In regards to smart building technology specifically, what products or solutions do you think will dominate the space?

In addition to lighting solutions, I’d say graphic user interfaces and having multiple applications housed within one interface will be more popular this year. Instead of having multiple switches or multiple applications that users have to weed through to turn on a light, these interfaces will make it easier to find the control needed, and the settings desired.

These solutions will also make harder-to-understand concepts more relatable. Again, think of how we use our smartphones: We’ll start seeing the touchscreens we use on a day-to-day basis incorporated into walls, podiums, boards, etc. to make information and tools easier to access, understand and work with.

With an influx of the IoT and these smart solutions, what role will security play?

The security of these technologies largely depends on how secure a building’s internet is, or the security of what the technology/solutions run on. For example, Crestron solutions typically run on facility Ethernet backbone or their internal systems. The more secure the system is, the more secure our solutions will be.

There’s also the element of human error to consider. As with any device or system, it can only take one person to accidentally override a setting that can cause a user preference issue or downtime. There are, however, preventative solutions and measures companies can take. Crestron, for example, incorporates levels of security through passwords. So for example, the front desk could have access to one level of building control with their specific password, while the CEO could be given access to all levels of building control with his/hers.

What else should facility managers, and those purchasing smart building products and services on the market, be considering as they set plans and budgets for 2017?

With all of the great technologies and solutions coming to the marketplace this year, facility managers should try to institute a sort of single dashboard of control or maintenance for their buildings. While technologies like tunable white lighting and adjustable blinds are great and can have a positive impact on a workspace, they can also be a nightmare to maintain if they’re housed on separate places of control. Aside from the costs associated with training employees to use multiple systems, multiple control points also allow for a high possibility of human error, getting back to that security concern.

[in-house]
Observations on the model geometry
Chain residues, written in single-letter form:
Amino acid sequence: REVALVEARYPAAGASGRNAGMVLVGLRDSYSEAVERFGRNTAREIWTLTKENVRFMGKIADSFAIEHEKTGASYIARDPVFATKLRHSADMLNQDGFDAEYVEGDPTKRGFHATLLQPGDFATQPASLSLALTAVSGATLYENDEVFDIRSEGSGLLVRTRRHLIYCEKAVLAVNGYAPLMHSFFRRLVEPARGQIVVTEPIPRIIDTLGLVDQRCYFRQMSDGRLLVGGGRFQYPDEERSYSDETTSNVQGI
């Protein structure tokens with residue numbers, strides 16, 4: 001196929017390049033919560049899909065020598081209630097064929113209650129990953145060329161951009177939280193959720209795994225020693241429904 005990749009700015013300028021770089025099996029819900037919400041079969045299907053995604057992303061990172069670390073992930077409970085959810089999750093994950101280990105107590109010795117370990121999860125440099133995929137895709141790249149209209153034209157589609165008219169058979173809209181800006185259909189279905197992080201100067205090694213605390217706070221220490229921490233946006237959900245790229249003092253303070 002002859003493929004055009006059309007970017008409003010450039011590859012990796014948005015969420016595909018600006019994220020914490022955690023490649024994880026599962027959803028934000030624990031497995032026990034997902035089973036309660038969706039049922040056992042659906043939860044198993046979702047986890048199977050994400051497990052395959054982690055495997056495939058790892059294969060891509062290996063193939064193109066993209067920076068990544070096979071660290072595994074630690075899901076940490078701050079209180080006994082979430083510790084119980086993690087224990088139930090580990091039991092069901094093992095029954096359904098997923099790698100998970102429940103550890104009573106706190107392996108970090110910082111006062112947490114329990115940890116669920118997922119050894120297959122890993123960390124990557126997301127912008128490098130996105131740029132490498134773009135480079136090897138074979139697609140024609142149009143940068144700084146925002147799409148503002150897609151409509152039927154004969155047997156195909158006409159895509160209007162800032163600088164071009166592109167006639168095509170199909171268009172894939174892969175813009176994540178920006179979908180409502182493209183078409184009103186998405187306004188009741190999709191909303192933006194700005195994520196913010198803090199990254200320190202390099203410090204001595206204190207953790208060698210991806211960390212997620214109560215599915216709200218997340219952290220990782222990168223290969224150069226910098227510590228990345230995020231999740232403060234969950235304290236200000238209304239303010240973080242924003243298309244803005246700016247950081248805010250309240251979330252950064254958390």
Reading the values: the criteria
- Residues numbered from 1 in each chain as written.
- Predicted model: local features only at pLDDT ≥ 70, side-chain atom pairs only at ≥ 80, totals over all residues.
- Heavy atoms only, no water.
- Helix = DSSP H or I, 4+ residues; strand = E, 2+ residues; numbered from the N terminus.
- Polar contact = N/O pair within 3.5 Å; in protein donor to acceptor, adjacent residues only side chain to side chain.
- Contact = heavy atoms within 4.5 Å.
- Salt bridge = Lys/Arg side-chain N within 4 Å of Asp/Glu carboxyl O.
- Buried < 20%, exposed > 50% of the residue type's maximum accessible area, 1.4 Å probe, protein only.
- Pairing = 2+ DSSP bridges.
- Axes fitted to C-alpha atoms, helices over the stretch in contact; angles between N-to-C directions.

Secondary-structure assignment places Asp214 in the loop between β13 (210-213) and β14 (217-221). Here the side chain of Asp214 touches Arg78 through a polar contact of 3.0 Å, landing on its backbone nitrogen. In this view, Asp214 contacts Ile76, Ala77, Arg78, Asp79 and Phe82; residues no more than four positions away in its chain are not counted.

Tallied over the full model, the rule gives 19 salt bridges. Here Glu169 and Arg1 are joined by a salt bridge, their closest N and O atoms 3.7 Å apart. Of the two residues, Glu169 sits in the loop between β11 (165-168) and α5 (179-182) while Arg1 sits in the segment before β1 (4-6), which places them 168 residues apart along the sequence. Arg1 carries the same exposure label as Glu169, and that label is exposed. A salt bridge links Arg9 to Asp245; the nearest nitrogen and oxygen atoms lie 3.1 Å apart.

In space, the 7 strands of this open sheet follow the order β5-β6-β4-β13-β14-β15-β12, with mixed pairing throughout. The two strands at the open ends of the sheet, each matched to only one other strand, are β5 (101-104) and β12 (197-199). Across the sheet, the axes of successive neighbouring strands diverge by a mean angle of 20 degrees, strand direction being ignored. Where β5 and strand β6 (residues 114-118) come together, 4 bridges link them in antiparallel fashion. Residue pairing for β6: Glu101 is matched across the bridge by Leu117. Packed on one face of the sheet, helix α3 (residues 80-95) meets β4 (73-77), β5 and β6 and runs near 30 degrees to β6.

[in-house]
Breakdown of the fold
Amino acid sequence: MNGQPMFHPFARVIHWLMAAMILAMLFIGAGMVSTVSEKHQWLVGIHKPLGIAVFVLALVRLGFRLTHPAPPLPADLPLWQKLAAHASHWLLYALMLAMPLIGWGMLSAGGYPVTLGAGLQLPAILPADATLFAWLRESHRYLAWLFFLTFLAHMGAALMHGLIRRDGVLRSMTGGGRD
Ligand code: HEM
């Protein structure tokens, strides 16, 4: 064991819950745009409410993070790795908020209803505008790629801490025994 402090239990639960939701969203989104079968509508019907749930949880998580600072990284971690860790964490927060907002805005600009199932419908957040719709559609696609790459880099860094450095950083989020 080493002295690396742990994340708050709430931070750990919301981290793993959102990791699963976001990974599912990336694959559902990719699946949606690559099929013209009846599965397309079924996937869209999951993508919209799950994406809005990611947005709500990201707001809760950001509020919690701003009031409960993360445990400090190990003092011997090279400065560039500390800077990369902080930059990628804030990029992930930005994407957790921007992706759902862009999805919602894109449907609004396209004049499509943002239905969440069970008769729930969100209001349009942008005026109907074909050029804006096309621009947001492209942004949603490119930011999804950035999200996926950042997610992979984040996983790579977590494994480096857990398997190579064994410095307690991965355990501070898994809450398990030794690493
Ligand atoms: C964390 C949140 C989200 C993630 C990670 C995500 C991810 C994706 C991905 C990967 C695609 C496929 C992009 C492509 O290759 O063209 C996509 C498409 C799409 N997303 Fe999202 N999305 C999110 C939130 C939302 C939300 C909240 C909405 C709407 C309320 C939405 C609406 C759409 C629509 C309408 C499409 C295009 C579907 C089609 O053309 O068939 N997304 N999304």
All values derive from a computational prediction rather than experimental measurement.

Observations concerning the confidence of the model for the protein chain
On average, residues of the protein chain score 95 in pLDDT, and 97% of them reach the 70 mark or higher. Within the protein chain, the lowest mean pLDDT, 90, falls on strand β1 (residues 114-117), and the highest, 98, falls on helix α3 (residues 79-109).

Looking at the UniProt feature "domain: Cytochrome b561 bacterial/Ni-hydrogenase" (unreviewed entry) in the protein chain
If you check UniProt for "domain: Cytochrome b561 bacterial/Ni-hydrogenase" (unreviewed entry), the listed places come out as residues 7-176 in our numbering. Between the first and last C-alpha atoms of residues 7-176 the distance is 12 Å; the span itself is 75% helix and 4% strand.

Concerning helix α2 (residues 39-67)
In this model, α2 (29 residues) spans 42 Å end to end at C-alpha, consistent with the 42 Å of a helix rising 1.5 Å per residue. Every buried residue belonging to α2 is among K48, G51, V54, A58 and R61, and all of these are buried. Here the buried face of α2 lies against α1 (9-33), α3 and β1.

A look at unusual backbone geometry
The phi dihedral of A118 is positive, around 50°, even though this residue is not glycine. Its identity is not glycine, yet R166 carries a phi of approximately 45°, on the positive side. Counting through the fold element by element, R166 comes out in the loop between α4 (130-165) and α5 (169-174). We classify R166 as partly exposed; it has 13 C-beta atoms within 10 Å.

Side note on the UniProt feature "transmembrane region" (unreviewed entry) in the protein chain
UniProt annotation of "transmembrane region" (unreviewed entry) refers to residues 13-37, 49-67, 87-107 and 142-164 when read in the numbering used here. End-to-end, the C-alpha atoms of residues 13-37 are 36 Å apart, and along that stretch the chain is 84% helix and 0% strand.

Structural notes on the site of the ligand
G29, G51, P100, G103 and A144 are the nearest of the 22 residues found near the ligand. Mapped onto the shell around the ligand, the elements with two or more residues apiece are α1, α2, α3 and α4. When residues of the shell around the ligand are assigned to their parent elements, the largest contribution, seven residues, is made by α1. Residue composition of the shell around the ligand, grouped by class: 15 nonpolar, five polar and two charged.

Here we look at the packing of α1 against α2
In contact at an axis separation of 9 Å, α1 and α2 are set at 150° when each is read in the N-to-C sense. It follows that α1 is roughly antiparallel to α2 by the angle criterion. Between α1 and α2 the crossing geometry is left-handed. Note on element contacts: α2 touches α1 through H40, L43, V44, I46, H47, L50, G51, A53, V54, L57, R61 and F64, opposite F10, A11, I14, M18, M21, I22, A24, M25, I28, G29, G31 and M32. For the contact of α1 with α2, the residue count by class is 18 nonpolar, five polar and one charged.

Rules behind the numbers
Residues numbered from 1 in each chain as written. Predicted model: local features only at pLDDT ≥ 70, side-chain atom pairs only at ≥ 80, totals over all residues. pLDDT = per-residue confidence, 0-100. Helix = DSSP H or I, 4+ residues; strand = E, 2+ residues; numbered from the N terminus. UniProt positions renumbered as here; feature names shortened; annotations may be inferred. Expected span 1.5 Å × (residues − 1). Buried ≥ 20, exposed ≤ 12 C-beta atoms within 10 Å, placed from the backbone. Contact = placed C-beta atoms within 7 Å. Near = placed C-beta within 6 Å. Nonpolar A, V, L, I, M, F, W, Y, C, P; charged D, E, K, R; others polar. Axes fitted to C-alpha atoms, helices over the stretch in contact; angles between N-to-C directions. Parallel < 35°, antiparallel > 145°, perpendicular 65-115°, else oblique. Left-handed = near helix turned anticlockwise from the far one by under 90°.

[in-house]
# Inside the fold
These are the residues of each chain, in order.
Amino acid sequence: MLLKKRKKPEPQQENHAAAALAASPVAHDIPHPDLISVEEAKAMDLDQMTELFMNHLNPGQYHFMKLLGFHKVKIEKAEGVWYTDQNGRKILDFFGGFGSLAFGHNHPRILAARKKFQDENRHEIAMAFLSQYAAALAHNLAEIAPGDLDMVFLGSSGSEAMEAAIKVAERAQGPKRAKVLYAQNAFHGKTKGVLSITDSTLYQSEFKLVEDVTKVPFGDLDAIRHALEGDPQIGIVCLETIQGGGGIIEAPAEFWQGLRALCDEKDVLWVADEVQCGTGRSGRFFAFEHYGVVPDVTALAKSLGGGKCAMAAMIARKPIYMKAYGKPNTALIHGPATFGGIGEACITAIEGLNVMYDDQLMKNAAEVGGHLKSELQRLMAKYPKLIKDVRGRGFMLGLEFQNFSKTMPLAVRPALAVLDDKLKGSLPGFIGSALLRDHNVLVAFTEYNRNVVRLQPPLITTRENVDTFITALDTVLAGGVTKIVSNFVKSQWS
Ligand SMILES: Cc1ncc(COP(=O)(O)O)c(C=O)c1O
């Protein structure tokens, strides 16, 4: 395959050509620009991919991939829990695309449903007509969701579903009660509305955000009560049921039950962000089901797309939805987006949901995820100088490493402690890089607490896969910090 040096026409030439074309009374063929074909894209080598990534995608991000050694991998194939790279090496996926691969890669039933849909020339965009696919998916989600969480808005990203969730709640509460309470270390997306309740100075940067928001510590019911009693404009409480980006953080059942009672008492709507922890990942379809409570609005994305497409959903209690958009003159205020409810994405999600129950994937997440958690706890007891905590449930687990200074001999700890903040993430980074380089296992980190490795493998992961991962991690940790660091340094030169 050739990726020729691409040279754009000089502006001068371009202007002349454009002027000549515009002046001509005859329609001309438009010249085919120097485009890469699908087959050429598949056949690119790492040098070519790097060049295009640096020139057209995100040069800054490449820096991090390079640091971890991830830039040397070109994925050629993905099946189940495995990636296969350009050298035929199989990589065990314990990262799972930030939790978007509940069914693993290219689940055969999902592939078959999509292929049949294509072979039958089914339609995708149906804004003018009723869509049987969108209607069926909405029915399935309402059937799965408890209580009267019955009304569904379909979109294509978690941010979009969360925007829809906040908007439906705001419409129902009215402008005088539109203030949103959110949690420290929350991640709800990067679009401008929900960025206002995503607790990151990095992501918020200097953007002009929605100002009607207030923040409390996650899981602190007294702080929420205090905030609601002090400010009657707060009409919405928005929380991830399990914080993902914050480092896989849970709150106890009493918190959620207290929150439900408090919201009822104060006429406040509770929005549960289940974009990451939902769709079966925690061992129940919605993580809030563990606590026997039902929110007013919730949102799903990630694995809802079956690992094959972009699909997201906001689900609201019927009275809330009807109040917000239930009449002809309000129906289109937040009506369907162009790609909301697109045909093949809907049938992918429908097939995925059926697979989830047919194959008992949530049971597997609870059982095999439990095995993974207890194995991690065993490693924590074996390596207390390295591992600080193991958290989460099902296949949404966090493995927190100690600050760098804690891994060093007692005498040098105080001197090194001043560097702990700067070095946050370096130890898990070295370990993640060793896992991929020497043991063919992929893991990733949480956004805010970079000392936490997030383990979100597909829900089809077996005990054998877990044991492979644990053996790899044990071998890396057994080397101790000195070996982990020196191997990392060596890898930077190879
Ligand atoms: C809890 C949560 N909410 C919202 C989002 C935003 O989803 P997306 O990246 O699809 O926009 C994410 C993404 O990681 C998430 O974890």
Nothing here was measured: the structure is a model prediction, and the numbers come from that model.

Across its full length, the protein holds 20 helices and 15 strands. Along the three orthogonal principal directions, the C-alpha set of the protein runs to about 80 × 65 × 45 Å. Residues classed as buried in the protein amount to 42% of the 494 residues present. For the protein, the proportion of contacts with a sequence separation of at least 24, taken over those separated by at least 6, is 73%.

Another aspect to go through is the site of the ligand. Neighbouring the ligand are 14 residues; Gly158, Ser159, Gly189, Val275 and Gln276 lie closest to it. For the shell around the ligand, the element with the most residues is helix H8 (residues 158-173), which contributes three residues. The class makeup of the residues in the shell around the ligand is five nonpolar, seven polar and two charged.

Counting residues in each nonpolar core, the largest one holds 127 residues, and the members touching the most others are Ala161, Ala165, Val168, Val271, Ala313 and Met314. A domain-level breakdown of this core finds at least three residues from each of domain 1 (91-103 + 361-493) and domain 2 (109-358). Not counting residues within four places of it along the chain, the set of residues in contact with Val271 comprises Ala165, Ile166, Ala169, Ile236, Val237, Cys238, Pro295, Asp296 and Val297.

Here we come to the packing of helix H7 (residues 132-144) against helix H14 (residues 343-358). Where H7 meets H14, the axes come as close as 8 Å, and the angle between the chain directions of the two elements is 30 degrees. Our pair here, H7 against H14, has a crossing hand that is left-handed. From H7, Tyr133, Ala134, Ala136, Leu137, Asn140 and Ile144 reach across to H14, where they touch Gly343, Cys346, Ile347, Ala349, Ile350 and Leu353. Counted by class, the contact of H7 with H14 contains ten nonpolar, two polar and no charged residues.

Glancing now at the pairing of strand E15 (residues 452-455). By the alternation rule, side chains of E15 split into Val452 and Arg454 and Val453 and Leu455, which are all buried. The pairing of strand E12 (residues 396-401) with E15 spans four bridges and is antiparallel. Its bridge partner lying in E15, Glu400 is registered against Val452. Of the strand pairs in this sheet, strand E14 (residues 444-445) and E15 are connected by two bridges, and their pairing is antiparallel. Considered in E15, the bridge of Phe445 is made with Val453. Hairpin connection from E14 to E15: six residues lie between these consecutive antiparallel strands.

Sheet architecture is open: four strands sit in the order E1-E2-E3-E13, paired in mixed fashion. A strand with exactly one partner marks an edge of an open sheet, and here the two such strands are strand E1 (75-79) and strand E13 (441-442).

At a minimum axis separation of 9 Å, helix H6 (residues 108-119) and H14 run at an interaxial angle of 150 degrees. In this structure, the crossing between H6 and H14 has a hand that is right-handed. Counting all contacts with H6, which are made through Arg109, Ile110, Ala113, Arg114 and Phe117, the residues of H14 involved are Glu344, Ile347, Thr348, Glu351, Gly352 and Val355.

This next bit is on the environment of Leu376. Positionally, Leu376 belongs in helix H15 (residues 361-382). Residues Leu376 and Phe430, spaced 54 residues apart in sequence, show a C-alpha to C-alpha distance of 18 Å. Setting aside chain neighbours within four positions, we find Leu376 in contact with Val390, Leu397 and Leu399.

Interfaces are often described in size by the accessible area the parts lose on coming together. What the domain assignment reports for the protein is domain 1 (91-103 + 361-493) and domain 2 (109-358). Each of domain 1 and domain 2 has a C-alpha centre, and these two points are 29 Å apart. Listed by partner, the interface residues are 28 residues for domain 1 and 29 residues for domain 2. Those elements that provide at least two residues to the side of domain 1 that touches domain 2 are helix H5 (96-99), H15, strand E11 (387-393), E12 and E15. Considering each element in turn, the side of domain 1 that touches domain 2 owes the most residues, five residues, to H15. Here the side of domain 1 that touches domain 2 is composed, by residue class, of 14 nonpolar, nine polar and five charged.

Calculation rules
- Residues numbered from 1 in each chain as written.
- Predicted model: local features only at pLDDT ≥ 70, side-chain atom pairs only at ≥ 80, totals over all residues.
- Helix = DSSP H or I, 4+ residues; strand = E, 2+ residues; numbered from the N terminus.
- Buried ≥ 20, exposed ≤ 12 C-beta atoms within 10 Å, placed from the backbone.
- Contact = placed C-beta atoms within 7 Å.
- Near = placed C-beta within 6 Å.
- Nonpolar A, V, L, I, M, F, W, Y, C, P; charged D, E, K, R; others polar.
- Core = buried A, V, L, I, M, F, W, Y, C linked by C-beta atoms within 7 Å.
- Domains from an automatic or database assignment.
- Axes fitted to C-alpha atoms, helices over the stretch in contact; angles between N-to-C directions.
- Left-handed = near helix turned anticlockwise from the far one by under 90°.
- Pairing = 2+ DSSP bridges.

By combining all of smart building technology and solutions into one central point of control or dashboard, facility managers can cut down on training costs, reduce the chances of human error and better visualize the ROI of the technologies/solutions they implement.

Anything else?

I think the last thing that’s important for facility managers to know is that smart building technologies and solutions aren’t as scarily expensive as some think they are. There overall tends to be an assumption that technology like smart lighting control is expensive because it’s new and affects large areas of a building. In reality, technology like this is more cost-effective than upgrades we see every day, like installing new carpet. It can also have a greater positive impact on the individuals within the facility. When making budgets heading into the New Year, facility managers just need to prioritize what will have the most positive impact on the most individuals vs. focusing on a price tag.

smart buildingsAndrew Gross is National Design Manager for Crestron. Crestron creates and manages custom smart building solutions that help increase collaboration and reduce inefficiencies within the workplace and home. Its automation and control solutions let people control and manage entire environments with the push of a button, integrating systems such as AV, lighting, shading, security, BMS and HVAC to provide greater comfort, convenience and security.

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1 COMMENT

  1. Why not use solar collectors, which could be simple mirrors or shaped like reflecting telescopes, to focus natural light for transmission into buildings.